The Poet Prince told the merchant’s son he must become king and lead the beautiful country from its destress.

“But the people despise me!” said the merchant’s son.

“No matter.” said the Poet Prince.

“My father’s generals will stand behind you. And more people will love you than will hate you.”

“But if we are to save the beautiful country, I have to reclaim all the people, not just some.”

“Trust my plan,” said the Poet Prince.

In due time, true to the Poet Prince’s word, the murdered king’s generals elevated the merchant’s son to the throne. He proved to be a good king, even though many of the people despised him.

The Poet Prince knew the Evil Ones had lied to the people so often that nothing was left in their life they believed that was true. They were full of hate and lies and boredom. He knew his friend, the new king, could never lead them in this state. He had to change them. He had to teach them to think for themselves again, to love again and some how he had to show them everything they believed about their lives was a lie.

The Poet Prince began to change the people of the beautiful country with poetry. He hid secret messages for them. The messages were not ordinary poetry. They were riddles.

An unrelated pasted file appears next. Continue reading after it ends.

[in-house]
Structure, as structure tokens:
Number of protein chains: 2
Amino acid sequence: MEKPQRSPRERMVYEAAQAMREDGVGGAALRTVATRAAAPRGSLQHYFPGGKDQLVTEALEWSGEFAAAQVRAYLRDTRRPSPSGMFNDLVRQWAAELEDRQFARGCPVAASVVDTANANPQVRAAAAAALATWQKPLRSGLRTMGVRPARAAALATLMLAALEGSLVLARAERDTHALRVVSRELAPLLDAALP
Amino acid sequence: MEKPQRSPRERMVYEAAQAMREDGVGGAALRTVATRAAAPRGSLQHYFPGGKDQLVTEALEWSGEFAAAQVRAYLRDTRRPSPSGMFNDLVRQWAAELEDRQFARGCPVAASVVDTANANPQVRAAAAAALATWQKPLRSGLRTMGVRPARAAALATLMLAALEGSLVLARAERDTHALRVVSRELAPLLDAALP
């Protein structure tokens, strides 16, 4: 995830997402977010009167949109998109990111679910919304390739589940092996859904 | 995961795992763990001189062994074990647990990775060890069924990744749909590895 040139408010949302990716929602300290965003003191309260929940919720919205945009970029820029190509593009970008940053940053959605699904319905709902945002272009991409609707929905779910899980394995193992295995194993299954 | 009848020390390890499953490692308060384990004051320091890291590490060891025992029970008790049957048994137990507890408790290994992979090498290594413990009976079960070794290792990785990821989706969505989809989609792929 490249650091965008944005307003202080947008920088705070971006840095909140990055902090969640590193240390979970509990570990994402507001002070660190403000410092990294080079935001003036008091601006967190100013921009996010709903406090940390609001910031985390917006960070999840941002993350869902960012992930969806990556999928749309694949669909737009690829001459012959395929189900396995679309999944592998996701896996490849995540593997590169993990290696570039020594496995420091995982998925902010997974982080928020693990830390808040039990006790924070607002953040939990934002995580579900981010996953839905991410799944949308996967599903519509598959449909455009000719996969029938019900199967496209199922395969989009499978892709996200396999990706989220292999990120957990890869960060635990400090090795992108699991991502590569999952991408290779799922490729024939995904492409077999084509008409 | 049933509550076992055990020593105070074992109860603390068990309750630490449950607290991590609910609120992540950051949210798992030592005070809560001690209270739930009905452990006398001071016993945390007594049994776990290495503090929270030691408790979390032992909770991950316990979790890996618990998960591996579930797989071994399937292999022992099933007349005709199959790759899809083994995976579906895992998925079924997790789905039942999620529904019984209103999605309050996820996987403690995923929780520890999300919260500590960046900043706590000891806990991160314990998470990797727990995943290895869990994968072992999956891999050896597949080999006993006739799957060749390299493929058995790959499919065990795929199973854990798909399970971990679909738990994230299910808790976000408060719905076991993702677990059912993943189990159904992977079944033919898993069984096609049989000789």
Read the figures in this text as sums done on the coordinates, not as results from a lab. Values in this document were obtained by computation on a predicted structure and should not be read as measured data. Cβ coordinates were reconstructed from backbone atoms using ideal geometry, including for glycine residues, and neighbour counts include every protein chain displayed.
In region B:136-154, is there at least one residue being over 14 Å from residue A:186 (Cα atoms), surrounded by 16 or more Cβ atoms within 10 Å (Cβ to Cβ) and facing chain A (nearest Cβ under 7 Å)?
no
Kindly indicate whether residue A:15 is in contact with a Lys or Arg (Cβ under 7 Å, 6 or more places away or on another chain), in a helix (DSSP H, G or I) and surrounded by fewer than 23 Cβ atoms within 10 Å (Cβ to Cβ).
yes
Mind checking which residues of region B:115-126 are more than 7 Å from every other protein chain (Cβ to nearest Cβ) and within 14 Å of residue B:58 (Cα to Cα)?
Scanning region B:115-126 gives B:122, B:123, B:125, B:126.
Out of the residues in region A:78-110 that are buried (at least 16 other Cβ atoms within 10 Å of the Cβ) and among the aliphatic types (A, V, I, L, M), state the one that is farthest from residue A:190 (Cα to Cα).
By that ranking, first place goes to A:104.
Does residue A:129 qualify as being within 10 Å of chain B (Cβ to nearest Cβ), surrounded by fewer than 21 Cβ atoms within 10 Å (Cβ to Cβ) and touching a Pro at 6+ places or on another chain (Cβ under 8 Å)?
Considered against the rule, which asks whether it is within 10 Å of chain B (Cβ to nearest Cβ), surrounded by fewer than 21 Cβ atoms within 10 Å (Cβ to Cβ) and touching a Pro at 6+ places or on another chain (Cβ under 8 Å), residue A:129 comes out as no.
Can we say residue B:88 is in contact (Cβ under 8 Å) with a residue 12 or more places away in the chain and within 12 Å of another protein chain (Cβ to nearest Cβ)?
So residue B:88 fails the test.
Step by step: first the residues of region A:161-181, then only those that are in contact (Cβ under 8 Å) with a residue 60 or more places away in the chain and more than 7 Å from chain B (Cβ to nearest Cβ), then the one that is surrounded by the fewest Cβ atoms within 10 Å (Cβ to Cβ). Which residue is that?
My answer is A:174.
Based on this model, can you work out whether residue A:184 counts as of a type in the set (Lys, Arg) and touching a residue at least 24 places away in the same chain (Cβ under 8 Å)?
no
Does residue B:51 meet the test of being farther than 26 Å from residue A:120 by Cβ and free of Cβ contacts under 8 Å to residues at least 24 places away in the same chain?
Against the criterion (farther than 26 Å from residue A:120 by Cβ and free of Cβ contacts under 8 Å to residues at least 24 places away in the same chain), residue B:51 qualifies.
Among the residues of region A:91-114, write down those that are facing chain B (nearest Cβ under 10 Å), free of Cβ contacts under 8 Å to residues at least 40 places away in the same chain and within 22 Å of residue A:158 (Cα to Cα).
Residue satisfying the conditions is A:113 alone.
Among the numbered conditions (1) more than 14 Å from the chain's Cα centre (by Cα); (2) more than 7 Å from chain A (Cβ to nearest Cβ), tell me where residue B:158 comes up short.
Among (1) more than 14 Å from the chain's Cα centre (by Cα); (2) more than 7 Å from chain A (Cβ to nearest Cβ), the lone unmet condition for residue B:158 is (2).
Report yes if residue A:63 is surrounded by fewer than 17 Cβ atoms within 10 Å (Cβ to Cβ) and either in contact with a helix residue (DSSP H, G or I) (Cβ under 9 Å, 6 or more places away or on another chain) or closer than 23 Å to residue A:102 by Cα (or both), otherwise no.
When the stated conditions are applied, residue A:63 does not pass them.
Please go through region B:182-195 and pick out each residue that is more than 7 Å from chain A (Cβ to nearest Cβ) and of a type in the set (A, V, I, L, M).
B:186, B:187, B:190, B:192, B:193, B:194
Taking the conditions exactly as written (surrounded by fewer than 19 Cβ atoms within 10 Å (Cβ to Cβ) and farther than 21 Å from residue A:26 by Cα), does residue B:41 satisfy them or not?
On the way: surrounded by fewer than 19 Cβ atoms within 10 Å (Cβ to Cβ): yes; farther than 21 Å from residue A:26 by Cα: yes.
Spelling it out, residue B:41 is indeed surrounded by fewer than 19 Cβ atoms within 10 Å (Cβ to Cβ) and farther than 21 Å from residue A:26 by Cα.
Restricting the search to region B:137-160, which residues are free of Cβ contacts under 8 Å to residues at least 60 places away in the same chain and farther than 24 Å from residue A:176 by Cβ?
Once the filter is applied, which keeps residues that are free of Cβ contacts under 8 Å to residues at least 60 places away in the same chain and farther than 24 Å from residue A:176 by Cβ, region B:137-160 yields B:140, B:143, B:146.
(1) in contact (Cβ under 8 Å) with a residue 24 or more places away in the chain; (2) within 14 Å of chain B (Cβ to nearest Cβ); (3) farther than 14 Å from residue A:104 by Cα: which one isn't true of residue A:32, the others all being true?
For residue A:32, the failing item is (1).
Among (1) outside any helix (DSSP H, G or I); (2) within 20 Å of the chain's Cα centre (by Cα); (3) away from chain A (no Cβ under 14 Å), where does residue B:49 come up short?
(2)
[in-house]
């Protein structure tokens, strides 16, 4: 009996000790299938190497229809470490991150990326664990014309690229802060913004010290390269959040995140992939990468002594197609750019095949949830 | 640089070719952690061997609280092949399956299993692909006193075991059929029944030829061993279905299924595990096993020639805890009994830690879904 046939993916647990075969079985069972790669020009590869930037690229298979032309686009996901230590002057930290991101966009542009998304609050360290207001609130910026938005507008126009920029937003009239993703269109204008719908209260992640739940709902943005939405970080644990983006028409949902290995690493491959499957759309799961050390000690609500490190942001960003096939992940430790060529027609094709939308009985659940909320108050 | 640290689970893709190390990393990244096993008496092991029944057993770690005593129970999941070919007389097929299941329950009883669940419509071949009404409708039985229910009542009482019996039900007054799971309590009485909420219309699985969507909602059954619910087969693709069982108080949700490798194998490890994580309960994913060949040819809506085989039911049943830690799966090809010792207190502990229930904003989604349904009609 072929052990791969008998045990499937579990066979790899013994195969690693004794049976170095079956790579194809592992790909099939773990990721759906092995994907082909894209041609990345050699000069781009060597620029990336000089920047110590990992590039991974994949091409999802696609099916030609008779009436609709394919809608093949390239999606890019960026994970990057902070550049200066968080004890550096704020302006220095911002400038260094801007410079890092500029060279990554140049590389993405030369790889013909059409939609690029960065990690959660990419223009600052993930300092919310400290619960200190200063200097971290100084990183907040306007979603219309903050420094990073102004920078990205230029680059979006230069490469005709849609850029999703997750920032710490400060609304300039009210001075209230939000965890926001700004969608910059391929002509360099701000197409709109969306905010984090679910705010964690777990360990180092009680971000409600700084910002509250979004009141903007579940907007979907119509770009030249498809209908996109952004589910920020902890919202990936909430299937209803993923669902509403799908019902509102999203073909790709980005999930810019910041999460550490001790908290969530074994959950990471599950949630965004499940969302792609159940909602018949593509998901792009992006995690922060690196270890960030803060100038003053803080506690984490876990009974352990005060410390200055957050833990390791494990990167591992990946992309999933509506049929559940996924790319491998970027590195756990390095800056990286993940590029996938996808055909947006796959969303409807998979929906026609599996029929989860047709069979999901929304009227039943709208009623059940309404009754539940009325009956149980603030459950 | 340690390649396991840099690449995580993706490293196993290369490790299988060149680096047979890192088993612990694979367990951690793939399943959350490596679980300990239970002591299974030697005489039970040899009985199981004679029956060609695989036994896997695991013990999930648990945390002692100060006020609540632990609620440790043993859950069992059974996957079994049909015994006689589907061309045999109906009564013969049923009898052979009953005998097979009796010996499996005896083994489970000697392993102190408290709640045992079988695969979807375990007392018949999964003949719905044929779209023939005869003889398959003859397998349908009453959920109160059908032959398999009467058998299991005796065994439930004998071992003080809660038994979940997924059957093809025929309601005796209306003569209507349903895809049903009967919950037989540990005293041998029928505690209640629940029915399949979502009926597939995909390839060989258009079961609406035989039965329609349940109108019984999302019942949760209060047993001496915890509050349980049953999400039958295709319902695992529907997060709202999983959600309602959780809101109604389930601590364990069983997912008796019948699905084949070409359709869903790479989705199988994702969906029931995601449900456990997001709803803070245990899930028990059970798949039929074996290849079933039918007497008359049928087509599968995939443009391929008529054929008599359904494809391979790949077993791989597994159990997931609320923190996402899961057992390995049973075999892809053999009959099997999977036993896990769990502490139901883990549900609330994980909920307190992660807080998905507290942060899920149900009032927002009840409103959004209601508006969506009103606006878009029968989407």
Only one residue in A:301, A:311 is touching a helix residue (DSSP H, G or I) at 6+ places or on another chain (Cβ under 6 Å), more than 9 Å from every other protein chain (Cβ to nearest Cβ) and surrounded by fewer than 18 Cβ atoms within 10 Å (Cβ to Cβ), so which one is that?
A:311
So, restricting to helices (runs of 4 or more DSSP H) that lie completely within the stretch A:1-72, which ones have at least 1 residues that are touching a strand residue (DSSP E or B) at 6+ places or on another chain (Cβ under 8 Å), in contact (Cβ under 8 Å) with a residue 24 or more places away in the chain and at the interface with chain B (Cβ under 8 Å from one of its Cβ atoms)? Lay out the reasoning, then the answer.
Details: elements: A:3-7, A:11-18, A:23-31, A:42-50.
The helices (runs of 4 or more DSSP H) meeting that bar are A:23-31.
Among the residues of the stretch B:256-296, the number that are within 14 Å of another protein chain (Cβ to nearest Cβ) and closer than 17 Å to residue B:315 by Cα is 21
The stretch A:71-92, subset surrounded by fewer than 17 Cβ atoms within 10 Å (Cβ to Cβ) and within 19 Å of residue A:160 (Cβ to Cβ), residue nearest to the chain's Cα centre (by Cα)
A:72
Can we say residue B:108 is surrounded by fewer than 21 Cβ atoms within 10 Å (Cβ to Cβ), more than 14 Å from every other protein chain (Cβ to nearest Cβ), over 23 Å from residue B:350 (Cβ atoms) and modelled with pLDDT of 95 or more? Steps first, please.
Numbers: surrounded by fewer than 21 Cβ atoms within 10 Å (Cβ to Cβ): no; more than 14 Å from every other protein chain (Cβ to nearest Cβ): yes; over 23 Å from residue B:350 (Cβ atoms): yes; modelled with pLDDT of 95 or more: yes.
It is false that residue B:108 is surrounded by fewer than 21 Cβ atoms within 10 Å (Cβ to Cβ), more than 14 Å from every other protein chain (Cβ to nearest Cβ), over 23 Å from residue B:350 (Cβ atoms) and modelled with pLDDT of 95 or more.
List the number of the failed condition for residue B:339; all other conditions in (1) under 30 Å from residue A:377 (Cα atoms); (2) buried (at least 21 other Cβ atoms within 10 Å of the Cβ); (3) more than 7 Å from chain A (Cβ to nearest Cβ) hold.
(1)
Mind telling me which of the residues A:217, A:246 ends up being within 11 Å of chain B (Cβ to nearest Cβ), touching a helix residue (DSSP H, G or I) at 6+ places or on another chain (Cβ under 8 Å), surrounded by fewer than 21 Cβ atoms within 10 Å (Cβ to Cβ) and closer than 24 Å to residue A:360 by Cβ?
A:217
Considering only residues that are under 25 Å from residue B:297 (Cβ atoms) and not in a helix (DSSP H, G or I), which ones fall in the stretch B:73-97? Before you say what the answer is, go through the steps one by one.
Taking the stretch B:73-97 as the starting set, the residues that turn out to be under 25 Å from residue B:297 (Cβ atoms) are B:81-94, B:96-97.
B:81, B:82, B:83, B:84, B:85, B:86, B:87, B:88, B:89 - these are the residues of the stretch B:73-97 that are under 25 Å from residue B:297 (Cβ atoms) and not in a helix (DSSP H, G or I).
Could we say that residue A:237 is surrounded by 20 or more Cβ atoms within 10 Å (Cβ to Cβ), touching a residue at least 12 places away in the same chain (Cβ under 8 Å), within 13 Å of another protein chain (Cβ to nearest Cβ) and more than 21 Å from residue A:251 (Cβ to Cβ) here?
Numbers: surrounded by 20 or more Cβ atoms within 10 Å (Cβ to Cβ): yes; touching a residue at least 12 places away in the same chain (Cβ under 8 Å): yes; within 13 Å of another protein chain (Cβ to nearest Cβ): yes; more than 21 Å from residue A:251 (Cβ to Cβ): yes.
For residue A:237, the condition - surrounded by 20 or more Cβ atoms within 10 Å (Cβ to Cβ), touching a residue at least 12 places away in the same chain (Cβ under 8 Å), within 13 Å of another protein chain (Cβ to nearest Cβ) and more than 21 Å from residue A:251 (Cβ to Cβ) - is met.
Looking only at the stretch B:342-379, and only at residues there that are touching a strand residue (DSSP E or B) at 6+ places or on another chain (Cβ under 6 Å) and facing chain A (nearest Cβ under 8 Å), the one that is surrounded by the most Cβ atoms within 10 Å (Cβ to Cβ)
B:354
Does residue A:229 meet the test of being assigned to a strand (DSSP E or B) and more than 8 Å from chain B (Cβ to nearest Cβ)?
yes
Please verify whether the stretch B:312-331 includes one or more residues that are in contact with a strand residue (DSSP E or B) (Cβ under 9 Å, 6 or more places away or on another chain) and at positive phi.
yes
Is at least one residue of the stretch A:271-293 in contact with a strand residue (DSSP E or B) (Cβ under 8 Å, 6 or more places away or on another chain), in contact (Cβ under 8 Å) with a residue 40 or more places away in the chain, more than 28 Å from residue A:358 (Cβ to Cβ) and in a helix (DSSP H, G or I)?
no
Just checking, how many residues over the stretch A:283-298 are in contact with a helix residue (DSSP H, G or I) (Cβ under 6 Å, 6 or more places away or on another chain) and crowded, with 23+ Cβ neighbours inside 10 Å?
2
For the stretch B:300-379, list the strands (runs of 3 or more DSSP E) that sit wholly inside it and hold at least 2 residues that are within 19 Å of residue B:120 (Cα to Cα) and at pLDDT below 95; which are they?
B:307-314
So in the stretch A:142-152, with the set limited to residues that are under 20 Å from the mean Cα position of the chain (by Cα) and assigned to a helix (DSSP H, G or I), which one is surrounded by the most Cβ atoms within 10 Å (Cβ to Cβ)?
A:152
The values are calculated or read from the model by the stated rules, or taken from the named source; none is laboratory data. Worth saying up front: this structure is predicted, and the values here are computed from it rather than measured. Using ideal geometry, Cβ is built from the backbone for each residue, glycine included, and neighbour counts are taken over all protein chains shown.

The people slowly became obsessed with the word puzzles the Poet Prince hid for them because they were great fun to solve. They poked fun at prominent people and hinted at foreknowledge of great events to come. They spoke encouragingly of a bright future full of unity and love.

To solve the riddles, the people had to work together. They could not gain fame, even if they were very good at solving the riddles, because everyone had to contribute anonymously. To understand the messages, the people had to be pure of heart. They also had to scurry about the beautiful country collecting clues. The clues they collected showed them the truth about the beautiful country and the sober truth about the lies they had been told. Some were very good at interpreting the riddles, some were horrible at the game, but together with each person contributing a little, and all relying on each other, they could decode the messages.

The Poet Prince left the people an inscribed bell from his father’s ship so the people could recognize each other by reciting the inscription. He gave them other ways to know each other as well. This empowered them because they felt special with this knowledge and were driven to learn more. In fact, the more the people understood about the riddles, the harder they worked to discover the next clue, and the more united they became.

The Poet Prince used poetic mystery to  restore the hearts of the people while the merchant son king worked to drive out the Evil Ones, who had gained power by their sheer willingness to commit evil acts, but were in fact fairly stupid people. 

The king and the Poet Prince contrived to convince the people to watch evil driven from the beautiful country as if it were a play performed on stage before them. This way the people would not be harmed as the battle between Good and Evil raged all around them.

The music that had died with the Poet Prince’s father began to drift back to the people:

Don’t let it be forgot

That once there was a spot

For one brief shining moment that was known as…


But the rest of the song would not come to them. Who had they been? What had they forgot?